September 27, 2020
If one has contracted COVID-19 or been exposed to someone with the virus, he or she should not partake in any in-person Halloween festivities this fall.
That’s according to guidance issued by the U.S. Centers for Disease Control and Prevention to safely celebrate Halloween amid the ongoing coronavirus pandemic.
The national public health institute classified Halloween activities as either low, moderate, or high risk for transmission of the virus.
High-risk activities should be avoided to slow the spread of COVID-19. Those include traditional trick-or-treating, trunk-or-treating, indoor costume parties, indoor haunted houses, hayrides, and tractor rides.
Costume masks should not serve as a substitute for a cloth mask. Costume masks should not be used unless it is made of two or more layers of breathable fabric that covers the mouth and nose. Costume masks should not be worn over protective cloth masks because it can be dangerous if the costume mask makes it hard to breathe. Halloween-themed cloth masks are strongly encouraged.
The following activities have been deemed medium-risk by the CDC, as long as participants wear face coverings and practice social distancing:
• One-way trick-or-treating where individually-wrapped goodie bags are lined up for participants to grab and go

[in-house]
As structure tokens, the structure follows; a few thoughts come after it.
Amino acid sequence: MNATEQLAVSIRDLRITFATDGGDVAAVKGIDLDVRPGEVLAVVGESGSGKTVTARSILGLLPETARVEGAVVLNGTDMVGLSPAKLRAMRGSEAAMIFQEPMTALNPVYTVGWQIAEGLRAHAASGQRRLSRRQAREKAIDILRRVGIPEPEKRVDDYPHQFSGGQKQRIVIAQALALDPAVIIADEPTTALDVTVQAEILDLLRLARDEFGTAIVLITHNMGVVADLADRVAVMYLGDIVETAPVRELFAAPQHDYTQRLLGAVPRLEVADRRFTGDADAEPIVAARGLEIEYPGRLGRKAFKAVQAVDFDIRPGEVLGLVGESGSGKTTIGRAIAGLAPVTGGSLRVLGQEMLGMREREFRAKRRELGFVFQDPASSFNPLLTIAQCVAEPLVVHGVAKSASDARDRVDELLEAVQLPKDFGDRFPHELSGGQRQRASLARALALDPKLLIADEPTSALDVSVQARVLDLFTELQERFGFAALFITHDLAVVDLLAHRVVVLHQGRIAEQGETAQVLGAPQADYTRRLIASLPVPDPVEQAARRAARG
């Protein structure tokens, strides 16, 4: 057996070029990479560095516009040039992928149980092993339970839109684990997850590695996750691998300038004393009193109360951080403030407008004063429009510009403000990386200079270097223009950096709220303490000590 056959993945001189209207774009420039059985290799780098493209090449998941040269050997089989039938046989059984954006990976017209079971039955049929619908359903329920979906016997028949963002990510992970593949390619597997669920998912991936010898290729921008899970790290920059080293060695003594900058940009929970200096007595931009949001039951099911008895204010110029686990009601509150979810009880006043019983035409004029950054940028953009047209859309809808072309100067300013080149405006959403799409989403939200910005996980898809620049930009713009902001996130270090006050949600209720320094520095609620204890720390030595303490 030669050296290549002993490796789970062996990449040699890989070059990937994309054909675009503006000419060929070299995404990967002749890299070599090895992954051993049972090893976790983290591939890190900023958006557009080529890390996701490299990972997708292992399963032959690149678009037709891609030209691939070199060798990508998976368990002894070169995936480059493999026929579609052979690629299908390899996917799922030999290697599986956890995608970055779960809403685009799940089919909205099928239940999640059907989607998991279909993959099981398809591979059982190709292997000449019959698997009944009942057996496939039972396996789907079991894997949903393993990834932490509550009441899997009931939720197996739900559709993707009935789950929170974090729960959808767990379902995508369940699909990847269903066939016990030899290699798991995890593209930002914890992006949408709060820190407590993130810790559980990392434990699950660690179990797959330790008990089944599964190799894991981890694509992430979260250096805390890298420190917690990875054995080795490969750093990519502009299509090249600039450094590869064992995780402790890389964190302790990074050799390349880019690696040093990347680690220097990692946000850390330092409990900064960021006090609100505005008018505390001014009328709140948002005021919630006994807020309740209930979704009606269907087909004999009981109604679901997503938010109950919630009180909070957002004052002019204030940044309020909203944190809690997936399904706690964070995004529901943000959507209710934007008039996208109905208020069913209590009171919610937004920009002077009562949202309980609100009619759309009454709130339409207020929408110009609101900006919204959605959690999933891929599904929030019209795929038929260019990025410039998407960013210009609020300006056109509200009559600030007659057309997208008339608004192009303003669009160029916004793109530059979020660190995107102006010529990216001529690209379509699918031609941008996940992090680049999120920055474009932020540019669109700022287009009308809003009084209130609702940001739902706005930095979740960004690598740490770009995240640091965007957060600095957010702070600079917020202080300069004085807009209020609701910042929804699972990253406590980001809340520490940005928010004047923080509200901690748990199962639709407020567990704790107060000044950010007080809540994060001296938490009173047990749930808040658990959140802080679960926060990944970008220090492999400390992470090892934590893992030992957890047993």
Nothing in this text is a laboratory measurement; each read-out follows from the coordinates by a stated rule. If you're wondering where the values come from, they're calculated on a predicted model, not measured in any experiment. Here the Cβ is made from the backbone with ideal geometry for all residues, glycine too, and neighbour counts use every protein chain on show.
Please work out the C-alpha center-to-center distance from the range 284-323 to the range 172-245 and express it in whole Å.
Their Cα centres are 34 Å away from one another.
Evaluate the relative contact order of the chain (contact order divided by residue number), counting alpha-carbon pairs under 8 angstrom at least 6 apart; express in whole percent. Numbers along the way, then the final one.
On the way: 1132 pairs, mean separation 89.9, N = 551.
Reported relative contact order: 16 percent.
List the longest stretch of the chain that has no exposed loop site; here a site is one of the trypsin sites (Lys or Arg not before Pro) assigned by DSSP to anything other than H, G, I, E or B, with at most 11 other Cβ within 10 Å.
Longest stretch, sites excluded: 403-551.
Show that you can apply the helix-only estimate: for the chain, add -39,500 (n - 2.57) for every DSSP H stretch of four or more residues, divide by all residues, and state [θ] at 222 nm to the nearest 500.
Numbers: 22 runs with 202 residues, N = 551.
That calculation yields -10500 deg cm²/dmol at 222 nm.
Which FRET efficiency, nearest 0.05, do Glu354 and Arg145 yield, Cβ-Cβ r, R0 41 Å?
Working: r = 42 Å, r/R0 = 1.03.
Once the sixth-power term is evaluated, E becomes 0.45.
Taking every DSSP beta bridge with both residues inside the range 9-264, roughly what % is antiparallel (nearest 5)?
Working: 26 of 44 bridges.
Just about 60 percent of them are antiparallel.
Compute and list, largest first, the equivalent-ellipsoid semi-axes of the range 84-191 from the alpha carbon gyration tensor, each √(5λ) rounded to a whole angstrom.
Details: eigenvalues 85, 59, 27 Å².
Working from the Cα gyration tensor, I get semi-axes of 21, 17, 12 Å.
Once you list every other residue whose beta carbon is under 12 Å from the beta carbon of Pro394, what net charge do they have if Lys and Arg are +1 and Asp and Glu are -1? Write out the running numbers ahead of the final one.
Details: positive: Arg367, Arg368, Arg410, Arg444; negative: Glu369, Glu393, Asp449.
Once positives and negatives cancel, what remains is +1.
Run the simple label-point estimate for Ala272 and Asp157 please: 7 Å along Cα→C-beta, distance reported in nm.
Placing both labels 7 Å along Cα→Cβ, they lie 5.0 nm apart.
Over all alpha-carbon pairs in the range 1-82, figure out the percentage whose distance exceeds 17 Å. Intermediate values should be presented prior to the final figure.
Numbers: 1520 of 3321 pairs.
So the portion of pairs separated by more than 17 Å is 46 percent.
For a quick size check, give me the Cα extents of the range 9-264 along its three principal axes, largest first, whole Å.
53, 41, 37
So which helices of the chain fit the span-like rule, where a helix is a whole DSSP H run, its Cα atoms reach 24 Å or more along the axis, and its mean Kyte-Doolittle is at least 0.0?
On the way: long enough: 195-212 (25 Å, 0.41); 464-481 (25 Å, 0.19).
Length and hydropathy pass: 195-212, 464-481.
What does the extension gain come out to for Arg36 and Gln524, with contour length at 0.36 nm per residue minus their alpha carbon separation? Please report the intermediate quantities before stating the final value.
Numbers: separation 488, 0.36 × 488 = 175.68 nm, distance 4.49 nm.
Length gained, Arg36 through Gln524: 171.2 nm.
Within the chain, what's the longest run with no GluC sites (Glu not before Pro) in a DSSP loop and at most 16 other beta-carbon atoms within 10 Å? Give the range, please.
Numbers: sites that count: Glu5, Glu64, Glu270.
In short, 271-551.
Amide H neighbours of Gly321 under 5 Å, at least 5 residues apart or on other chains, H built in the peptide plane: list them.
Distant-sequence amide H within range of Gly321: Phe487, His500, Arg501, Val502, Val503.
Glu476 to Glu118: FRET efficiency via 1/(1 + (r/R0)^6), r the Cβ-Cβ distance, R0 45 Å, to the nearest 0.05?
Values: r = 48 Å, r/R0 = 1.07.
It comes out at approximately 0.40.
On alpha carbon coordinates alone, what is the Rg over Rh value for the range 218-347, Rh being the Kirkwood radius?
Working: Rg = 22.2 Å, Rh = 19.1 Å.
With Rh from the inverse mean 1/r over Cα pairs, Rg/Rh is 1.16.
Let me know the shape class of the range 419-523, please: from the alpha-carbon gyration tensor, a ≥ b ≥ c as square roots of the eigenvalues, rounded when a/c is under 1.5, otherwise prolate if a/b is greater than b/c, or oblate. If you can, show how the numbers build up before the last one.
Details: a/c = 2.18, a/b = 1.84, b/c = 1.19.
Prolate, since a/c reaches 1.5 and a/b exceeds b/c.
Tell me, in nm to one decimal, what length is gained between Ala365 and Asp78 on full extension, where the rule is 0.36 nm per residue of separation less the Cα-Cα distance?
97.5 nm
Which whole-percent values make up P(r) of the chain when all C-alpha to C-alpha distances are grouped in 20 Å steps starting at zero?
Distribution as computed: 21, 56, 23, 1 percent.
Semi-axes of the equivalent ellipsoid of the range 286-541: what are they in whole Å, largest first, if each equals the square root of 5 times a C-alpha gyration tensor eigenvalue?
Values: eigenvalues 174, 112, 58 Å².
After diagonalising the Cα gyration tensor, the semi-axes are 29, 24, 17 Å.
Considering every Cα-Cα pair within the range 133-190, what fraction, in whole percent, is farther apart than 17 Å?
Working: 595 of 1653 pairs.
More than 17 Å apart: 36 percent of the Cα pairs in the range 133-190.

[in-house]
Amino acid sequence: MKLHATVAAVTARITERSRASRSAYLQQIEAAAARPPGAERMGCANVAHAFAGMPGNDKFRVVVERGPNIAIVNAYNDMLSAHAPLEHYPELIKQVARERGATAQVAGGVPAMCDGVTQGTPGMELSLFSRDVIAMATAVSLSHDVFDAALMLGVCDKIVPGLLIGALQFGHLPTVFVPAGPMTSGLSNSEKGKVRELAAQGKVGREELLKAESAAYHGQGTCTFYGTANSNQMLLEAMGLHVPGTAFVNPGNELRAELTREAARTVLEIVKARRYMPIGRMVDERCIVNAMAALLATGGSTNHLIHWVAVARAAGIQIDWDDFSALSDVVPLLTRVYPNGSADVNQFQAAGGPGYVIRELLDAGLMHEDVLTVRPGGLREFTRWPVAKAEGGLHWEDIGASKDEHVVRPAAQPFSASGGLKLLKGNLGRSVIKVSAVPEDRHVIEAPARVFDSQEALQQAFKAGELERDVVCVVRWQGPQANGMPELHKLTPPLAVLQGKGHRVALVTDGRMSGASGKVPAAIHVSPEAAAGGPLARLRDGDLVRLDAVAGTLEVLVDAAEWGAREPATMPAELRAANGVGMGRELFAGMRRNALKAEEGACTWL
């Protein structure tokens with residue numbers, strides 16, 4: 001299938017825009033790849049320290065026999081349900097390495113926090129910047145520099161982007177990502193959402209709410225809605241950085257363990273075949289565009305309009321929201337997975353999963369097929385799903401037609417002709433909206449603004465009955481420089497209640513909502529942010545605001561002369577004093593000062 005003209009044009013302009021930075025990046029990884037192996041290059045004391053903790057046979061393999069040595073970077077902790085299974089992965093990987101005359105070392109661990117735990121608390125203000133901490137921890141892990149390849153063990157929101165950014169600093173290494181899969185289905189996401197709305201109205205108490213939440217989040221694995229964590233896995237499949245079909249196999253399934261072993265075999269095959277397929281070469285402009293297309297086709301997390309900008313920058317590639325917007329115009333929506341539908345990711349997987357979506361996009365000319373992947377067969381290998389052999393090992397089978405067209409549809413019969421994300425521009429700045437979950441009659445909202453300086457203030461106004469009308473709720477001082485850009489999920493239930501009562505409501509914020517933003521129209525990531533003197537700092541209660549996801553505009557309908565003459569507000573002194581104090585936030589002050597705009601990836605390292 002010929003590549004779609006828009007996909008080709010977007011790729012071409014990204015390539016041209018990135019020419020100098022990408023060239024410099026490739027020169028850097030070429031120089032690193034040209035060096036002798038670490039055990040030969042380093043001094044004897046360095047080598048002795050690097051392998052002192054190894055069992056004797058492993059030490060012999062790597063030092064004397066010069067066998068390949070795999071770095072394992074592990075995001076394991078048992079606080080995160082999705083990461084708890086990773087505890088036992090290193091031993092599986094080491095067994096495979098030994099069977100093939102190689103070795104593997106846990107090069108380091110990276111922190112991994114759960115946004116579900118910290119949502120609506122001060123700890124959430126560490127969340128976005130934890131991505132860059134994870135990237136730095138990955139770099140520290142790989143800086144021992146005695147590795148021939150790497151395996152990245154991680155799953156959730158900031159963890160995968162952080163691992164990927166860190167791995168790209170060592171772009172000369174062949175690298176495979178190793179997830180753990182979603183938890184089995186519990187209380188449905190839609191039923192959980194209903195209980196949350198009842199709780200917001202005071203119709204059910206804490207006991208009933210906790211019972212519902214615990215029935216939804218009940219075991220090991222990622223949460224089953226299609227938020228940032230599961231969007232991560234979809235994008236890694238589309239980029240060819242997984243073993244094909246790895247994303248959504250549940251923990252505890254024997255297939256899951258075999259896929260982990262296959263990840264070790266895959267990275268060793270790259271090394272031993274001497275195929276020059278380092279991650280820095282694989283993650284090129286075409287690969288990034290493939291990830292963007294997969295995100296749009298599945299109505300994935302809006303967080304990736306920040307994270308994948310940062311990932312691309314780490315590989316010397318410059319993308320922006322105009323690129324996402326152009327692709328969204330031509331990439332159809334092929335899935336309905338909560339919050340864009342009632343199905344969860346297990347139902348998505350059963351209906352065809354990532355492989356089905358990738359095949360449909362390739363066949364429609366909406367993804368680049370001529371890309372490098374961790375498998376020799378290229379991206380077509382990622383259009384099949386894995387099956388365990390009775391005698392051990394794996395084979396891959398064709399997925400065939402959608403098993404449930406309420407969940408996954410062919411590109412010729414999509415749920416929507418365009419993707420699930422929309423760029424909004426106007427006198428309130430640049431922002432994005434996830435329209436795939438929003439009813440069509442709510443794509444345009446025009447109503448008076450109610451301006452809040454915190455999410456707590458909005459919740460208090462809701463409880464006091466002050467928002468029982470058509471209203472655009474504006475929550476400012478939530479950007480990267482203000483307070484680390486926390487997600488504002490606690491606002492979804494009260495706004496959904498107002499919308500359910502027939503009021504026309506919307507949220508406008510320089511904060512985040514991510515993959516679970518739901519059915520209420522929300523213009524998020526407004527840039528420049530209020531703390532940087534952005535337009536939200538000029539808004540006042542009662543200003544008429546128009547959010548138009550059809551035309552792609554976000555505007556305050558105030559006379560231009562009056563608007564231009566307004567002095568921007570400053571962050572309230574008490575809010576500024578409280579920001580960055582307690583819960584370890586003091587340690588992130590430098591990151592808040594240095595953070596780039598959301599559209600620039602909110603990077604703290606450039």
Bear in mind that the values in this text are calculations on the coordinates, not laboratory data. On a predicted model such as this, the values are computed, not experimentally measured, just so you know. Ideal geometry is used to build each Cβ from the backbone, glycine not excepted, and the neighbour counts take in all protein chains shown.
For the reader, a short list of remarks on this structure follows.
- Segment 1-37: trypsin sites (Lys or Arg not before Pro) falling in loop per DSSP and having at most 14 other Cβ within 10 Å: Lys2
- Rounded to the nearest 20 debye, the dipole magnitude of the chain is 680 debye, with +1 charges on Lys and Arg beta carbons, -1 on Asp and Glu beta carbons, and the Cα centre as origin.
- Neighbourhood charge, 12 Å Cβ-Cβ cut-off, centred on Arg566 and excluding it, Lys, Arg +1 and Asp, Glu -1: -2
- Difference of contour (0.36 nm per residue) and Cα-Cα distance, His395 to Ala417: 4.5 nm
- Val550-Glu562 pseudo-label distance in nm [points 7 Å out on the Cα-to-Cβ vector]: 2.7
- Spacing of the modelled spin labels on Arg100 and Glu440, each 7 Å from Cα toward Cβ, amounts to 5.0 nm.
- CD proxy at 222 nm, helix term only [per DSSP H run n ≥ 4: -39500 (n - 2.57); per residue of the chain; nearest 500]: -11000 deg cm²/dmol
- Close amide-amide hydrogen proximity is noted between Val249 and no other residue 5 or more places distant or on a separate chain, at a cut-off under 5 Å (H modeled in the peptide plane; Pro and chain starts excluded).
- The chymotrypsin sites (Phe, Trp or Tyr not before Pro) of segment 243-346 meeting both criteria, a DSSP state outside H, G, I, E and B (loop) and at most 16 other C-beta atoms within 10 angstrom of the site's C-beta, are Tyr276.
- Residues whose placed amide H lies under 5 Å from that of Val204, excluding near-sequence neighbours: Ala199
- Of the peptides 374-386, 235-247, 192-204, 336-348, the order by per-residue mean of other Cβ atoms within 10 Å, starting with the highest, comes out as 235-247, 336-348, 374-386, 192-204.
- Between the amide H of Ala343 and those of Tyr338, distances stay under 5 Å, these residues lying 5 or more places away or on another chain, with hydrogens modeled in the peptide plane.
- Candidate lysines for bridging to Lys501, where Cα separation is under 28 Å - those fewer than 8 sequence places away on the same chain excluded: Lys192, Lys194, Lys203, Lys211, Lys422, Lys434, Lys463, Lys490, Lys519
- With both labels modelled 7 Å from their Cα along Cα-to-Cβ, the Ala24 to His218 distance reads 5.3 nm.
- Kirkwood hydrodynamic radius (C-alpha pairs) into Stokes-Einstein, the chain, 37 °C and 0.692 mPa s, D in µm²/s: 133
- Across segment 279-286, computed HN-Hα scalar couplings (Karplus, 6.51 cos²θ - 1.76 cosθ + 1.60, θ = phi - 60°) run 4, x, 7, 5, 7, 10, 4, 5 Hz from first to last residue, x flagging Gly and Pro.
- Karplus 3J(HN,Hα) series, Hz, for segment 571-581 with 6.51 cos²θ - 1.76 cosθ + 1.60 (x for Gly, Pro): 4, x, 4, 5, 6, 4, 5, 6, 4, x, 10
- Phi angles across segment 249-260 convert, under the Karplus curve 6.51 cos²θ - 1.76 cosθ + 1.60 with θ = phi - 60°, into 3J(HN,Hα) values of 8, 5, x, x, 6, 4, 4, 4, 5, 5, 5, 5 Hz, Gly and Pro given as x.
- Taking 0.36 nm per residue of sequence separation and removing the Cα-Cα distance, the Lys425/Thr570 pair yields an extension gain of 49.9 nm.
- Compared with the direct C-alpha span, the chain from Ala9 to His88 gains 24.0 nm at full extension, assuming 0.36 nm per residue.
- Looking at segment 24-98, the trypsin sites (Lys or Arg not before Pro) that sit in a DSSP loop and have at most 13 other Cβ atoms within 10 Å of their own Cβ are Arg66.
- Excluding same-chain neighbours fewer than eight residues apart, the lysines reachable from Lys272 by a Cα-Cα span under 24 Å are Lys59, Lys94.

• Open-air, outdoor costume parades with a small group of people
• Outdoor costume parties
• Open-air, one-way walking haunted trailers.
• Visiting pumpkin patches or apple orchards where people use hand sanitizer before picking pumpkins and apples
• Outdoor Halloween movie showings with others
Some Halloween activities have been deemed lower-risk in terms of potential transmission of the virus. Those activities include carving and decorating pumpkins outside with members of one’s household or with neighbors and friends at a safe distance, decorating one’s house or apartment, a socially-distanced Halloween scavenger hunt outdoors or one indoors with household members, virtual Halloween costume contests, and Halloween movie nights with members of one’s household.
The guidelines issued are meant to supplement, rather than replace, state or local health and safety regulations, the CDC said. People are encouraged to assess the current COVID-19 levels in one’s community to determine whether to postpone, cancel, or limit the number of attendees for a Halloween celebration.
Local officials have not indicated yet whether Halloween activities will be allowed to proceed as normal amid the COVID-19 pandemic next month.